Using what you learned above, add eyes on the face.

You can refer to the available turtle shapes in the canonical cs111 turtle reference here.

You can refer to the available turtle colors page to pick your eye color(s) of choice.

Face with eyes added: two blue ellipes are now present in the top half of the brown circle, with different shades of blue and different thicknesses for their black borders.

Part C: Make a hat (use rectangles or lines)

Using the turtle shapes documentation, and what you learned about Circles above, create a hat made of one or more rectangles.

Rectangular hat examples:

Smiley Hat: The same face with a hat on top composed of two rectangles: a long thin one and a shorter thicker one that overlaps the thin one above it in the middle. Smiley Hat 2: The same image but now with the hat tilted slightly clockwise.

Simple line hat:

Part D: Make a mouth

To create a curved “half moon” shape for the mouth, we'll get creative by overlapping two circles like so:

mouth1: a full red circle. mouth2: The same circle but now there's a brown circle on top, offset slightly to the north. The brown circle is the same color as the background of the face. mouth3: The brown circle is now filled in, leaving a crescent of the red circle underneath visible.

We start will a full red circle. Then we overlap another circle on top of the first circle, and we fill the second circle with the face color. This makes our top circle blend in nicely with the face as if it's not even there, like this:

The same brown face with eyes described above, now with the addition of an orange circle in the middle for a nose and a red crescent in the bottom half for a smile.

To make the smile, add the following code to the bottom of your file:

Note that you need to add the nose after the mouth, otherwise, the "cover up" mouth circle will hide the nose. The most recently drawn turtle shapes will appear on top of previously drawn shapes.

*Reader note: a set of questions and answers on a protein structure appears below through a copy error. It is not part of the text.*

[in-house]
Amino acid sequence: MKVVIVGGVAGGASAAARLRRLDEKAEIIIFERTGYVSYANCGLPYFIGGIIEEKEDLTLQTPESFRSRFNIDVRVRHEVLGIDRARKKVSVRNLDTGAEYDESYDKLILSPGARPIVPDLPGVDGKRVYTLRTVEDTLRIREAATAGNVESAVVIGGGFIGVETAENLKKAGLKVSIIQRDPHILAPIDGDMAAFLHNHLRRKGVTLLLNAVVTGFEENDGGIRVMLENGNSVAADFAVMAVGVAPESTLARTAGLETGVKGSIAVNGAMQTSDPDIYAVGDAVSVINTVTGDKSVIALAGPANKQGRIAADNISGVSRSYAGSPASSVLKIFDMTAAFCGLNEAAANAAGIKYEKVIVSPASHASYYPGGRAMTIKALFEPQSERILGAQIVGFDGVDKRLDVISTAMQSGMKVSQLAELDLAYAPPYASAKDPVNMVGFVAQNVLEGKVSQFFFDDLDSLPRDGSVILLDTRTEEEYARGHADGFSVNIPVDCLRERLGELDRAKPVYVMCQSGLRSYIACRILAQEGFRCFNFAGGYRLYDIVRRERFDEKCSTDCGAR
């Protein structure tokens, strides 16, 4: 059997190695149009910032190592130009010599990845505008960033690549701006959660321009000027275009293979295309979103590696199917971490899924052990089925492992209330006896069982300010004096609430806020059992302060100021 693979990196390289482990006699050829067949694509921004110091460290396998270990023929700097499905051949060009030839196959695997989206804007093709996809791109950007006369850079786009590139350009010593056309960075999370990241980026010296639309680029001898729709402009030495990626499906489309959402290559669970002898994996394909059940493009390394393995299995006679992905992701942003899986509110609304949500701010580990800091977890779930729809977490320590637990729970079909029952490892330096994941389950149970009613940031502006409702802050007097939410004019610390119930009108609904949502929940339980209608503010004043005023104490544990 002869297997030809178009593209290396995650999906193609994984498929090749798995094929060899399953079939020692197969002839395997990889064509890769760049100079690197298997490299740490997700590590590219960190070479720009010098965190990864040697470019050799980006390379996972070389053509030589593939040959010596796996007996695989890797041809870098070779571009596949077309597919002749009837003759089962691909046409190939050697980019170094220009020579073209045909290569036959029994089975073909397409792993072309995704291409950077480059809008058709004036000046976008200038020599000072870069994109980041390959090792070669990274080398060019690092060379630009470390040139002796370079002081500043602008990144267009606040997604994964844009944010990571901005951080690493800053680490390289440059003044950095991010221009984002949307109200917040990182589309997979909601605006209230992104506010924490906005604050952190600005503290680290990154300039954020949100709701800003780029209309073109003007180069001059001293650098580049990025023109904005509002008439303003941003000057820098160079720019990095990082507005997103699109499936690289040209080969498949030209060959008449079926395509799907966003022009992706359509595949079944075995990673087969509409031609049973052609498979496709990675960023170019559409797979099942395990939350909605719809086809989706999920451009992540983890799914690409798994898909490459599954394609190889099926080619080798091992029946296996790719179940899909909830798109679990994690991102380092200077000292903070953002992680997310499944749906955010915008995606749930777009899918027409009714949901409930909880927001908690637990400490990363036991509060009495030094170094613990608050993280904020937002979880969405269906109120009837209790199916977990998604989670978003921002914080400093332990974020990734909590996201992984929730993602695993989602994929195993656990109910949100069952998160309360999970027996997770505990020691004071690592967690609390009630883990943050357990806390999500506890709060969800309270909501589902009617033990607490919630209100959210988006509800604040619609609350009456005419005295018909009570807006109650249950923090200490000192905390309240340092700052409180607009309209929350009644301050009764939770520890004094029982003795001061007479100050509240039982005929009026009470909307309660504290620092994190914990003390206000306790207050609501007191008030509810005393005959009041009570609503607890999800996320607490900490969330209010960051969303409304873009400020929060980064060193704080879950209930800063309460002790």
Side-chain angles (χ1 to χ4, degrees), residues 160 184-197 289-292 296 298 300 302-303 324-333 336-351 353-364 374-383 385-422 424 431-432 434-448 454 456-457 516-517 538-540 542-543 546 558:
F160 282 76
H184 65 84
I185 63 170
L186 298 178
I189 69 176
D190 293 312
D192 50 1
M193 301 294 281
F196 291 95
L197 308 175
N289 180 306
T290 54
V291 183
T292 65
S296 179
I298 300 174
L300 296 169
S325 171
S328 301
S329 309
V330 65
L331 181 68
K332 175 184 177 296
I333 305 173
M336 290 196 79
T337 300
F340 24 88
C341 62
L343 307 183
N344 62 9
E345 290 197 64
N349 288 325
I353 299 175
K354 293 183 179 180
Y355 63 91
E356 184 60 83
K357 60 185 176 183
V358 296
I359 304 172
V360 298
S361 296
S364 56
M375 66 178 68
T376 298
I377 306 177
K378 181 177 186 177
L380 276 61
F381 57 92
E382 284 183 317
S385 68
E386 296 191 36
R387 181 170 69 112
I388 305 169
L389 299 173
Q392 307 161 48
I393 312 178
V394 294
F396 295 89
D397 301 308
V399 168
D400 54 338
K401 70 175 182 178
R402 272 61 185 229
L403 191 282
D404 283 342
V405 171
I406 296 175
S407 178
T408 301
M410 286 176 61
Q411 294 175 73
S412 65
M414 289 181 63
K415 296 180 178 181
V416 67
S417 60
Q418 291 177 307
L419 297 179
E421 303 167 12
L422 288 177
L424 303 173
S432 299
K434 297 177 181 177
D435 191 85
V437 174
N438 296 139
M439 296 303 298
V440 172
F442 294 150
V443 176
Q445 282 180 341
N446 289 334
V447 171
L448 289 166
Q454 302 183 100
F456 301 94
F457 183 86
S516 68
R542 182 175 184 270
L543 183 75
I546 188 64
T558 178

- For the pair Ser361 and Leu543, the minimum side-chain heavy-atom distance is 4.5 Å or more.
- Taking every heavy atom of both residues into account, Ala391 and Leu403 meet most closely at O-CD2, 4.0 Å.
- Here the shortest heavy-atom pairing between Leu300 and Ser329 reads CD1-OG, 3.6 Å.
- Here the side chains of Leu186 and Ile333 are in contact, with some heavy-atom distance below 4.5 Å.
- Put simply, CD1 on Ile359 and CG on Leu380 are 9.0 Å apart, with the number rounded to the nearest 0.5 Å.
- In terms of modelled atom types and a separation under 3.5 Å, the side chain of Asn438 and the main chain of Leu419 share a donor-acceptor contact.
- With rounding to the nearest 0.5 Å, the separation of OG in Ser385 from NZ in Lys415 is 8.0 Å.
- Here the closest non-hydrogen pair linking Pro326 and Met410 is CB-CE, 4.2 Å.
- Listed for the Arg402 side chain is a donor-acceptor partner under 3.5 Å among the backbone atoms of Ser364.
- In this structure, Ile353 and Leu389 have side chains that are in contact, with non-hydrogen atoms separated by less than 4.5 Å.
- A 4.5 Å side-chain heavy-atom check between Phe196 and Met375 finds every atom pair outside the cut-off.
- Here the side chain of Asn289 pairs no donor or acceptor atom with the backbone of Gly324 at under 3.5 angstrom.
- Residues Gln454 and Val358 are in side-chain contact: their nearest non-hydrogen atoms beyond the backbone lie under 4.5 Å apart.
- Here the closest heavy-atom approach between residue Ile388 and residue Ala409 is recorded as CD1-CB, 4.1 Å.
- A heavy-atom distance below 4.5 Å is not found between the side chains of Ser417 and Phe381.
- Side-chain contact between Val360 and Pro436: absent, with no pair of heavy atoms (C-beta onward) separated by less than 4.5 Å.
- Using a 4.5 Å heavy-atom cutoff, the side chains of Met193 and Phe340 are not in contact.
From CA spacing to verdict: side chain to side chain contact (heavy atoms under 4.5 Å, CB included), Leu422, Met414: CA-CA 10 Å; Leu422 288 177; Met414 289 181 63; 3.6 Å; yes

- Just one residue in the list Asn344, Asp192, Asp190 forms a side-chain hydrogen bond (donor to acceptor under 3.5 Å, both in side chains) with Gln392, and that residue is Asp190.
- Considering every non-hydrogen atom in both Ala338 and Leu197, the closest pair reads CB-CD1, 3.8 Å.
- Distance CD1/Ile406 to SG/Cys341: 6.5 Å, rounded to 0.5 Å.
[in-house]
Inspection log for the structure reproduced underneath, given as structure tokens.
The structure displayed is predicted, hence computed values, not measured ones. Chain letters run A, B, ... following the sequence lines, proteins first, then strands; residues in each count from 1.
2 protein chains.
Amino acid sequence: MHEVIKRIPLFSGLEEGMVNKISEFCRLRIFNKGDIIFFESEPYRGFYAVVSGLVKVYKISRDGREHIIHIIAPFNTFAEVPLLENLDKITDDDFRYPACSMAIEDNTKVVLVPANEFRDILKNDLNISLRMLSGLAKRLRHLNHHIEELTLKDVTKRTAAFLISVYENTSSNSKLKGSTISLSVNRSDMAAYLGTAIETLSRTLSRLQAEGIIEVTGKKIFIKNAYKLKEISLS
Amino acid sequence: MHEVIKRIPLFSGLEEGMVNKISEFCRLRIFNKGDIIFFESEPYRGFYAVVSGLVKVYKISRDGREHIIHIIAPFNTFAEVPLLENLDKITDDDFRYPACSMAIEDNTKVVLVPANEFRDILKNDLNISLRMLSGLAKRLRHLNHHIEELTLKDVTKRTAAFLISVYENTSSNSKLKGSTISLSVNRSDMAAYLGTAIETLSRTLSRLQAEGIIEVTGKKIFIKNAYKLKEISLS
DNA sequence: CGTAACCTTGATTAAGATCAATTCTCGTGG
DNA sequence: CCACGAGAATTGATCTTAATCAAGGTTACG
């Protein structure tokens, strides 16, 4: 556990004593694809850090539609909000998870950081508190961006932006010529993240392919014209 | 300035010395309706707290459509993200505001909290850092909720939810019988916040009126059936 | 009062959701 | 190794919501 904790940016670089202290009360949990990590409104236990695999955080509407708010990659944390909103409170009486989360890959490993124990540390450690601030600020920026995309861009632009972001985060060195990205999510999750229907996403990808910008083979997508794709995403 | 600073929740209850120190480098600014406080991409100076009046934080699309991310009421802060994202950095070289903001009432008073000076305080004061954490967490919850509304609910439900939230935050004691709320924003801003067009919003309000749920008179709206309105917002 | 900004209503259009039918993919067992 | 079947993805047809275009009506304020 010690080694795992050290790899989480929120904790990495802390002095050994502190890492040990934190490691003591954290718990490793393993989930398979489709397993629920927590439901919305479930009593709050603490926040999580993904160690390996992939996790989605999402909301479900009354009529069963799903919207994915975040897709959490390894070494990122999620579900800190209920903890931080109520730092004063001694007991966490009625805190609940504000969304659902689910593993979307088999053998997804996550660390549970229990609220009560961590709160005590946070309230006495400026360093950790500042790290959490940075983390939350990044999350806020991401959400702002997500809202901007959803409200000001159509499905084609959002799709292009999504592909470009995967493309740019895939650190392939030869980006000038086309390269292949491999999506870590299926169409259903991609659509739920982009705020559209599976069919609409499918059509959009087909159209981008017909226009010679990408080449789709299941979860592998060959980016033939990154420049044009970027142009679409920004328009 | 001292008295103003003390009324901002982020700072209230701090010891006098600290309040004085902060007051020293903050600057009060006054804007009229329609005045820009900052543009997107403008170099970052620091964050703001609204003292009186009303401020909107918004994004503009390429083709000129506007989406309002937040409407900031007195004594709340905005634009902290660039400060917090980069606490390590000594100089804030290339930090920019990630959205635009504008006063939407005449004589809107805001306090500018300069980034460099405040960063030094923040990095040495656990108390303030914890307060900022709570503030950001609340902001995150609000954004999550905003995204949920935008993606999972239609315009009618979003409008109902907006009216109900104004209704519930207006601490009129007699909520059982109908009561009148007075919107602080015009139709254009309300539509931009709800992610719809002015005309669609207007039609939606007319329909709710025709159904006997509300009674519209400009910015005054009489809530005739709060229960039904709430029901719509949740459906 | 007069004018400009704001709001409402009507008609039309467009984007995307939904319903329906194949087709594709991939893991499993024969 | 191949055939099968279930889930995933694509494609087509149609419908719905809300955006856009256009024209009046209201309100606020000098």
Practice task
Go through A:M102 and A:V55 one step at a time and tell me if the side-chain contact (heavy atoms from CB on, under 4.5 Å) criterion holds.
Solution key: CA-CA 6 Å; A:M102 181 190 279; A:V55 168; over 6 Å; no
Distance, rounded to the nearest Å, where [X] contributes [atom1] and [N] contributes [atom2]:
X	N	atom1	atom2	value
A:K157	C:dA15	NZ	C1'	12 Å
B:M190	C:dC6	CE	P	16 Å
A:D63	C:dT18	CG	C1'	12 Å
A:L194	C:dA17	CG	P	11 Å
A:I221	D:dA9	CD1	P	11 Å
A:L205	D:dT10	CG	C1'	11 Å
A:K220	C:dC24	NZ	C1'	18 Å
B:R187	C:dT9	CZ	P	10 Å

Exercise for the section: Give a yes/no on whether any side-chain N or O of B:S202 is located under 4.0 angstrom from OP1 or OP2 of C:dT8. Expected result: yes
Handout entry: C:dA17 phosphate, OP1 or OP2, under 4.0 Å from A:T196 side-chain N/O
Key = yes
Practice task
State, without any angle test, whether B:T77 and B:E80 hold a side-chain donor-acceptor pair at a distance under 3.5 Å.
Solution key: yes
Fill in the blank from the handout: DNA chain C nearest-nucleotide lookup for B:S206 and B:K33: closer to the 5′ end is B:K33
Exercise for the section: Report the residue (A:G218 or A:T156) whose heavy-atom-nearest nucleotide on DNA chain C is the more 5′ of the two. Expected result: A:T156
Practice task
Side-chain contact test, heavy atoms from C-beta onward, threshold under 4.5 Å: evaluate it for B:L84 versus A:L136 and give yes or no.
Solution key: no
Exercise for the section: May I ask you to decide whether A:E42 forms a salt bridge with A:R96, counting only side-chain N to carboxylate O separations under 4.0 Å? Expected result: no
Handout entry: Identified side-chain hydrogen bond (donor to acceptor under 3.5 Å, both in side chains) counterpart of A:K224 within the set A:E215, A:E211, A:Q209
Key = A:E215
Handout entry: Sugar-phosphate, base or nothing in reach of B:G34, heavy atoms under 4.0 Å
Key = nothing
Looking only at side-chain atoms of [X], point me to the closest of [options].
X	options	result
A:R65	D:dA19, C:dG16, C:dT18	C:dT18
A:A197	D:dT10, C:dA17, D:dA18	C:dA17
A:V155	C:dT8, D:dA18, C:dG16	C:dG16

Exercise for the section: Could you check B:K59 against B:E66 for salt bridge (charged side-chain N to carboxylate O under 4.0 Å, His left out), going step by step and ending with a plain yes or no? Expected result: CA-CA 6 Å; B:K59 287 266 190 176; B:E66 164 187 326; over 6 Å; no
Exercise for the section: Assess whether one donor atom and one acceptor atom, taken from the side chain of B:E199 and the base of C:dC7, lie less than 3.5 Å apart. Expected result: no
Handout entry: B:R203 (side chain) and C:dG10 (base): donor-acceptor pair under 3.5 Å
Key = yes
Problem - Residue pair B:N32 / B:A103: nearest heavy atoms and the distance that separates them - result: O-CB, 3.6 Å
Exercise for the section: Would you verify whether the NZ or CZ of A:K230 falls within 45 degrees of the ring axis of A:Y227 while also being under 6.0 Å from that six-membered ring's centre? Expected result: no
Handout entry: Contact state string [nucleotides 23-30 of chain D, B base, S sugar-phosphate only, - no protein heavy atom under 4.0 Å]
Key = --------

Part E: Add some text

For our finishing touches, let's add some text to our smiley face. Position your turtle where you would like the text to appear, and then use the drawText command like this:

drawText("I love CS111")

Can't see your text? What color is it? Where was your turtle positioned when you wrote? Is it showing up tiny, like this?

text1: Very tiny white text below the face described above. It's so tiny that only someone who zooms in very far or who can read this alt text will know that it says: 'i love cs111'.

You can make the font bigger like this:

drawText("I love CS111")
text2: The same text ('i love cs111') in a larger font centered below the face desicrbed above.

[OPTIONAL] Part G: Still have some time? How about some hair?

You have lots of option for head and/or facial hair: thick or thin lines, filled circles, or overlapping ellipses. Have some fun and add some hair to your face.

hair1: The same face described above, now with two overlapping angled blue-green ellipses on the top to represent hair. hair2: The same face described above, excpet instead of the two ellipses, there are many overlapping pink circles placed around the entire top half of the circle to represent fuzzy pink hair.

Table of Contents